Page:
There’s no change—the EBP-8 local variable remains active throughout the end of the method. You can even see the instructions that assign 0 to it—at 00400096 and 00400098, but it doesn’t change the relevance lifetime of the local variable. And it makes sense to some extent—the local variable’s eligibility to be considered a local root isn’t affected by whether the code stores a null in it.

This whole discussion, of course, is irrelevant in the Release build. In fact, the local variable wouldn’t even be there. In order to have something to show you, I modified the code slightly:

static void Main(string[] args)
{
    int k = int.Parse(Console.ReadLine());
    float j = float.Parse(Console.ReadLine());
    string s = Console.ReadLine();
    Console.WriteLine(s + j + k);
}

…and then compiled it in the Release build, and:

0:000> !gcinfo 002c0085

entry point 002c0070

Normal JIT generated code

GC info 001e17fc

Method info block:

[…edited for brevity…]

Pointer table:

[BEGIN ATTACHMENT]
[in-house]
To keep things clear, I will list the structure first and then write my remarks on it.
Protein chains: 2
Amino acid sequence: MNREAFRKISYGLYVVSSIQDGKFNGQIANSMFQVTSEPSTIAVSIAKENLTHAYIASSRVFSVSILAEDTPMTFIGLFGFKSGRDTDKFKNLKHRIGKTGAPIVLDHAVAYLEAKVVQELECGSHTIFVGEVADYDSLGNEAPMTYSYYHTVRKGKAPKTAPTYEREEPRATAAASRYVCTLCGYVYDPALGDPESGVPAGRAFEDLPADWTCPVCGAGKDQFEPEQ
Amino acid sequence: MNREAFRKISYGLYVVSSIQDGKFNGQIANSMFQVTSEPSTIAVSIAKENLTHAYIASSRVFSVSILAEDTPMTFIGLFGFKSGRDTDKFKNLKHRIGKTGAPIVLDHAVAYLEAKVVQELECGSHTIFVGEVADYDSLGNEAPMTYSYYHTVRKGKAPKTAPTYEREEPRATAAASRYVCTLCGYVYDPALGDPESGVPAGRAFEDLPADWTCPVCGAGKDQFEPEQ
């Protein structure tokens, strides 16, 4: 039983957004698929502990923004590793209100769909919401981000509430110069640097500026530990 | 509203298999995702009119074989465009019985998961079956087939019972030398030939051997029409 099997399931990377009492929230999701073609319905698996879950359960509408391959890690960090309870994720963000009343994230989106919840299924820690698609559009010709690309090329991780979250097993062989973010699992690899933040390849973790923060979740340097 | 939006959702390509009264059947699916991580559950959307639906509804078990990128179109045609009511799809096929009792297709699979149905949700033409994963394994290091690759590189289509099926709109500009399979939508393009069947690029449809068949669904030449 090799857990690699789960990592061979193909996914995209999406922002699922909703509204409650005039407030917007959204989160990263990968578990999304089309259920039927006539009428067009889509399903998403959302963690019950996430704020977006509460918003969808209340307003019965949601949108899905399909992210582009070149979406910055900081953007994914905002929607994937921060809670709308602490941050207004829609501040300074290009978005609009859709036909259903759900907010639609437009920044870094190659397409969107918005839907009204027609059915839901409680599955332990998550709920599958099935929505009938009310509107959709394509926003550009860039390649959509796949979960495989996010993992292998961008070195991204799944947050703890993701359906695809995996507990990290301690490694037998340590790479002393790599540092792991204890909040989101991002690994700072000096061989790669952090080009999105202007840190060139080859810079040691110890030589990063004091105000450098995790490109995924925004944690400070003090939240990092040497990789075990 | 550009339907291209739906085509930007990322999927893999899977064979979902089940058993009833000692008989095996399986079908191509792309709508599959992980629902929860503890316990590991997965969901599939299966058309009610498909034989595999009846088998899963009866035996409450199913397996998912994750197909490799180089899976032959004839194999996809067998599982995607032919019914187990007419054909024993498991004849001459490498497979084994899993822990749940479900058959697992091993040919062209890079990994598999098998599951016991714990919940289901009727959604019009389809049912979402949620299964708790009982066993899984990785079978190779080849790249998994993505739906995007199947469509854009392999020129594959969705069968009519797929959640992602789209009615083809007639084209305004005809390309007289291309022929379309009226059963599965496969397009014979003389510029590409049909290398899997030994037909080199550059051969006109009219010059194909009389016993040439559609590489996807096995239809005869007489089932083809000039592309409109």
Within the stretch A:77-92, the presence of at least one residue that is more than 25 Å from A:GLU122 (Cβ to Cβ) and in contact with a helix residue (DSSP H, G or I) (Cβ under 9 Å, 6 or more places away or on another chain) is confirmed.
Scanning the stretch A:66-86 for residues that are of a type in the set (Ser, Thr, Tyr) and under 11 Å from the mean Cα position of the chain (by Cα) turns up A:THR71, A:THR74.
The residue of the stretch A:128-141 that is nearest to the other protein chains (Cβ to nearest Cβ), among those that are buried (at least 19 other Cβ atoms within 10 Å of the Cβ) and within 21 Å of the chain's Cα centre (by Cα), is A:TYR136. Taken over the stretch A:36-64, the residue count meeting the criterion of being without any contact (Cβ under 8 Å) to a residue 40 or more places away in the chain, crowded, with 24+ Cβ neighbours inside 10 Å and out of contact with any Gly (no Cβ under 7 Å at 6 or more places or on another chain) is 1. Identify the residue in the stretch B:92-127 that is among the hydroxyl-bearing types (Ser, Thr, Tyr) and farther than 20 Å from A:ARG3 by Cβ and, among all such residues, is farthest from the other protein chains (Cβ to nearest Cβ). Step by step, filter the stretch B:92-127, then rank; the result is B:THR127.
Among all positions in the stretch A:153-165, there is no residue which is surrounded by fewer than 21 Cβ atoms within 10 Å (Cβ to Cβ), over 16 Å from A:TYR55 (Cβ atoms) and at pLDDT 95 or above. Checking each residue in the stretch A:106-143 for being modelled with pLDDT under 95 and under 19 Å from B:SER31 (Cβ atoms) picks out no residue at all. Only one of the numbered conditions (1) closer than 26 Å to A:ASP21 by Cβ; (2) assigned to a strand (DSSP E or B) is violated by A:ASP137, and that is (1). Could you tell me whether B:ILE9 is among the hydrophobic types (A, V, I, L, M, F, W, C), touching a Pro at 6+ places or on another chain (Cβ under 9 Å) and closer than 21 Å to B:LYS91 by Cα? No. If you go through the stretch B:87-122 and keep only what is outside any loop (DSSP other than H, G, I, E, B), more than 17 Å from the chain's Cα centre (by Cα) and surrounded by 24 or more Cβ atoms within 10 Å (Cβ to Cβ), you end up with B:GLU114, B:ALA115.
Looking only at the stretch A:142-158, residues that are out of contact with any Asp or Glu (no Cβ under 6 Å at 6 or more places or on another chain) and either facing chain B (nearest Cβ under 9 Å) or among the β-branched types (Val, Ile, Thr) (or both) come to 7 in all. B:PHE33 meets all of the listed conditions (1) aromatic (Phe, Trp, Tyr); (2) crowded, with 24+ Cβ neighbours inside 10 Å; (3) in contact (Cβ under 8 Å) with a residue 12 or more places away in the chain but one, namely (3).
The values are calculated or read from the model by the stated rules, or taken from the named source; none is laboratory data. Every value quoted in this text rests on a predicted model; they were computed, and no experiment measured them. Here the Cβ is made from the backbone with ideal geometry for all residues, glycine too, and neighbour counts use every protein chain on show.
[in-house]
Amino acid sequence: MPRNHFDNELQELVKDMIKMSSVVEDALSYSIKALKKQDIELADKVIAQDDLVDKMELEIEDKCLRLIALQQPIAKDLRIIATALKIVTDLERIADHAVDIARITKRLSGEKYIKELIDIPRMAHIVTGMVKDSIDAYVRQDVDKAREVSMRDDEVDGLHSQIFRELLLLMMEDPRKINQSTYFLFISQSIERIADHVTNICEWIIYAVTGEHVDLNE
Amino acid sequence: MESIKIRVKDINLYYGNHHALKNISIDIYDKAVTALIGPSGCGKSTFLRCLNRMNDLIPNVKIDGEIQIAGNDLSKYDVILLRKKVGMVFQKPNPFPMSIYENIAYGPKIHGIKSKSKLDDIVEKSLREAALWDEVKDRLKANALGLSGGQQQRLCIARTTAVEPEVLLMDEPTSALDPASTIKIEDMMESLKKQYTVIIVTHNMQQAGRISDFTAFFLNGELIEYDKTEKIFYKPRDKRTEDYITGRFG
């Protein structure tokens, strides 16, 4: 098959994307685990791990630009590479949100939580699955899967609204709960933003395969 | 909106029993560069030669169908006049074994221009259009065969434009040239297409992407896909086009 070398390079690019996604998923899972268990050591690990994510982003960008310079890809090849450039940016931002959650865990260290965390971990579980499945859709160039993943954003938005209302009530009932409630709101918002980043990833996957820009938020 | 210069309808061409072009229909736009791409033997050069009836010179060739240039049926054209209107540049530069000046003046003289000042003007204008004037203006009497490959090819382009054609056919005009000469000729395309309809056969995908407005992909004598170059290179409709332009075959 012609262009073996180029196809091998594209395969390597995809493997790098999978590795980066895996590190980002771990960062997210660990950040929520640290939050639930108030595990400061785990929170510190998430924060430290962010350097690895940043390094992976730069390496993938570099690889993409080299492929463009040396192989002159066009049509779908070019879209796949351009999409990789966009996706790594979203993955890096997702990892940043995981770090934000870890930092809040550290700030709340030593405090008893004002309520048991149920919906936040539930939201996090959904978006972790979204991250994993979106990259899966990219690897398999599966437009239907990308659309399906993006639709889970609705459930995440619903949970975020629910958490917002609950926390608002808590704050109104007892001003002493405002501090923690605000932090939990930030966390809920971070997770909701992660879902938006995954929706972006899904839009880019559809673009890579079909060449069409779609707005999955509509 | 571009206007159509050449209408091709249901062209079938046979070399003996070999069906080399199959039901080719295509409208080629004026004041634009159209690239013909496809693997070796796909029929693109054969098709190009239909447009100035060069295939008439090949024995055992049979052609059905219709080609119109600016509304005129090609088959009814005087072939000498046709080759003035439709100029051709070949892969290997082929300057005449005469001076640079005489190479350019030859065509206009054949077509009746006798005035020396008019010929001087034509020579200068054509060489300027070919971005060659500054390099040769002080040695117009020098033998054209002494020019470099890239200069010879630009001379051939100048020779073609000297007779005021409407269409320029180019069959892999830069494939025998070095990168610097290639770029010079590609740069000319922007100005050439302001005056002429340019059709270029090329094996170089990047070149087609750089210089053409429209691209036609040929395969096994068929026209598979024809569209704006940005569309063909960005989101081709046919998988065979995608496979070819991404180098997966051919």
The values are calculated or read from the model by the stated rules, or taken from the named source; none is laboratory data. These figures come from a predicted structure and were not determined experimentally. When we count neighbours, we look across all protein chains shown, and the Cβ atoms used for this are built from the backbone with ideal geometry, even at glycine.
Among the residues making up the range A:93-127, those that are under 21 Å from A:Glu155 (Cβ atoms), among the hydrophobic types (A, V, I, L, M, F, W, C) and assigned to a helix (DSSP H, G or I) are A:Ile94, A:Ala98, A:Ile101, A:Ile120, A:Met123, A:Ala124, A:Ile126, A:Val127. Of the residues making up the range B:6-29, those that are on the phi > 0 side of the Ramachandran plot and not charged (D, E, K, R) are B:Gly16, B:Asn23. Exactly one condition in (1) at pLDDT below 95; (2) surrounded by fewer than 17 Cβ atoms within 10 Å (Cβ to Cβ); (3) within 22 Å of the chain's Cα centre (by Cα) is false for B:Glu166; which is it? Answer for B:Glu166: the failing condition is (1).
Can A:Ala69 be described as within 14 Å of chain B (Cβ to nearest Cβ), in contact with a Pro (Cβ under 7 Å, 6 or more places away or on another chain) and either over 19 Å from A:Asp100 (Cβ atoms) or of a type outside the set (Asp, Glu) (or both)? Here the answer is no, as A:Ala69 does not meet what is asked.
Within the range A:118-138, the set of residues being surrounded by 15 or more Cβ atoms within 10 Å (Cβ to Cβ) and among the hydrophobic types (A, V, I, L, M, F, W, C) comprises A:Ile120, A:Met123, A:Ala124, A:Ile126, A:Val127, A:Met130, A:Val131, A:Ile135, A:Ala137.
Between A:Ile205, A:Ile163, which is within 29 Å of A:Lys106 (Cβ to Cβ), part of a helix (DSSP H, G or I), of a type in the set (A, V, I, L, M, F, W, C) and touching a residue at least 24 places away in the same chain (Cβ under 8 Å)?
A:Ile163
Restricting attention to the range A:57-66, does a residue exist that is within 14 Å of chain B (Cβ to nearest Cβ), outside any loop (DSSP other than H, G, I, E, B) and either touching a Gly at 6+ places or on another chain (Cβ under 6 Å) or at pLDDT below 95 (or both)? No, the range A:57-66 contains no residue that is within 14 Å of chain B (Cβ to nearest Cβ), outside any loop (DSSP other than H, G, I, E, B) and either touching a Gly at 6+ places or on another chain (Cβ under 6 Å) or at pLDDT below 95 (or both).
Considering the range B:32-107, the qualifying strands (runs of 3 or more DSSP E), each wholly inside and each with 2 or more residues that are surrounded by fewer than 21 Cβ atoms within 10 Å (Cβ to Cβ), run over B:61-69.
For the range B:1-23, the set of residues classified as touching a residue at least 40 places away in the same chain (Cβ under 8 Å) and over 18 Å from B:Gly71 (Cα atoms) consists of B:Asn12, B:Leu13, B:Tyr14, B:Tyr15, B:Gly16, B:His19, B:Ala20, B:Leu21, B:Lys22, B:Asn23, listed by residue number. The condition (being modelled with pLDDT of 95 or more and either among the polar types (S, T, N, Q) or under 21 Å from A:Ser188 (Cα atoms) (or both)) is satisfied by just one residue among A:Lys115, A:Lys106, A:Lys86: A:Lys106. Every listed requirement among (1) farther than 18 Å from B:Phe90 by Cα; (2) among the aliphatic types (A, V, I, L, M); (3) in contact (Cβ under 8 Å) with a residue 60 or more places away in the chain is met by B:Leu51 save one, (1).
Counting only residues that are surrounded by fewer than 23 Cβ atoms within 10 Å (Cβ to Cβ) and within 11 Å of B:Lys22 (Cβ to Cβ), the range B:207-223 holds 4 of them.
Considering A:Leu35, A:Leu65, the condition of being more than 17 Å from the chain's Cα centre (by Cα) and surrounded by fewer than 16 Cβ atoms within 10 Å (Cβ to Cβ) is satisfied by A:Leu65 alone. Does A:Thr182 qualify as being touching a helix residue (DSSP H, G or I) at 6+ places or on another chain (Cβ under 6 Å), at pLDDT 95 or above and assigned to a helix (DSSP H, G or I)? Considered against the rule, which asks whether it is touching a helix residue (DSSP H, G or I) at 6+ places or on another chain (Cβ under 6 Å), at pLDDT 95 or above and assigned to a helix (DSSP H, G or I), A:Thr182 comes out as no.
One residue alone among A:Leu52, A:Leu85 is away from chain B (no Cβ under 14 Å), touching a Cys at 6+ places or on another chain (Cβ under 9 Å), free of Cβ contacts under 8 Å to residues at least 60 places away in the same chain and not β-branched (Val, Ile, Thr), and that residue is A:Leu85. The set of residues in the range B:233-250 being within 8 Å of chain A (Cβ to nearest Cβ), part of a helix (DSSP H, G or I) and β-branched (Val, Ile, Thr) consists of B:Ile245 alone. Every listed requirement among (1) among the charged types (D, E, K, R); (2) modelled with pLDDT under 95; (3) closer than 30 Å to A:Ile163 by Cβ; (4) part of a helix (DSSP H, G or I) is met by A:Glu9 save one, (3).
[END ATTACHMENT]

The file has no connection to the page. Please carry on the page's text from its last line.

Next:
14 5D 27       | 005D..0084  [EBP-14H] a  pointer

9C 40          | 001C        call [ ESI ] argMask=00

A2 40          | 003E        call [ ESI ] argMask=00

B5 40          | 0073        call [ ESI ] argMask=00

9D 40          | 0090        call [ ESI ] argMask=00

FF             |

0:000> !u 002c0085

Normal JIT generated code

FreakishTimerBug.Program.Main(System.String[])

Begin 002c0070, size a4

[…edited for brevity…]

002c00be call    mscorlib_ni+0x6d1e38 (709a1e38) (System.Console.get_In(), mdToken: 06000772)

002c00c3 mov     ecx,eax

002c00c5 mov     eax,dword ptr [ecx]

002c00c7 call    dword ptr [eax+64h]

002c00ca mov     dword ptr [ebp-14h],eax

002c00cd mov     ecx,offset mscorlib_ni+0x26a32c (7053a32c) (MT: System.Single)

002c00d2 call    001d201c (JitHelp: CORINFO_HELP_NEWSFAST)

002c00d7 mov     esi,eax

002c00d9 mov     ecx,offset mscorlib_ni+0x272d34 (70542d34) (MT: System.Int32)

002c00de call    001d201c (JitHelp: CORINFO_HELP_NEWSFAST)

002c00e3 mov     edi,eax

002c00e5 fld     dword ptr [ebp-10h]

002c00e8 fstp    dword ptr [esi+4]

002c00eb mov     edx,esi

002c00ed mov     dword ptr [edi+4],ebx

002c00f0 push    edi

002c00f1 mov     ecx,dword ptr [ebp-14h]

002c00f4 call    mscorlib_ni+0x20cc70 (704dcc70) (System.String.Concat(System.Object, System.Object, System.Object), mdToken: 060001c7)

002c00f9 mov     esi,eax

002c00fb call    mscorlib_ni+0x22d380 (704fd380) (System.Console.get_Out(), mdToken: 06000773)

[…edited for brevity…]

Indeed, in the new method, the s variable is stored on the stack, and it becomes alive at 002C00C, immediately after the return value (from EAX) of Console.ReadLine is assigned to it. It remains alive all the way through 002C00F4, where it stored in ECX and passed to String.Concat.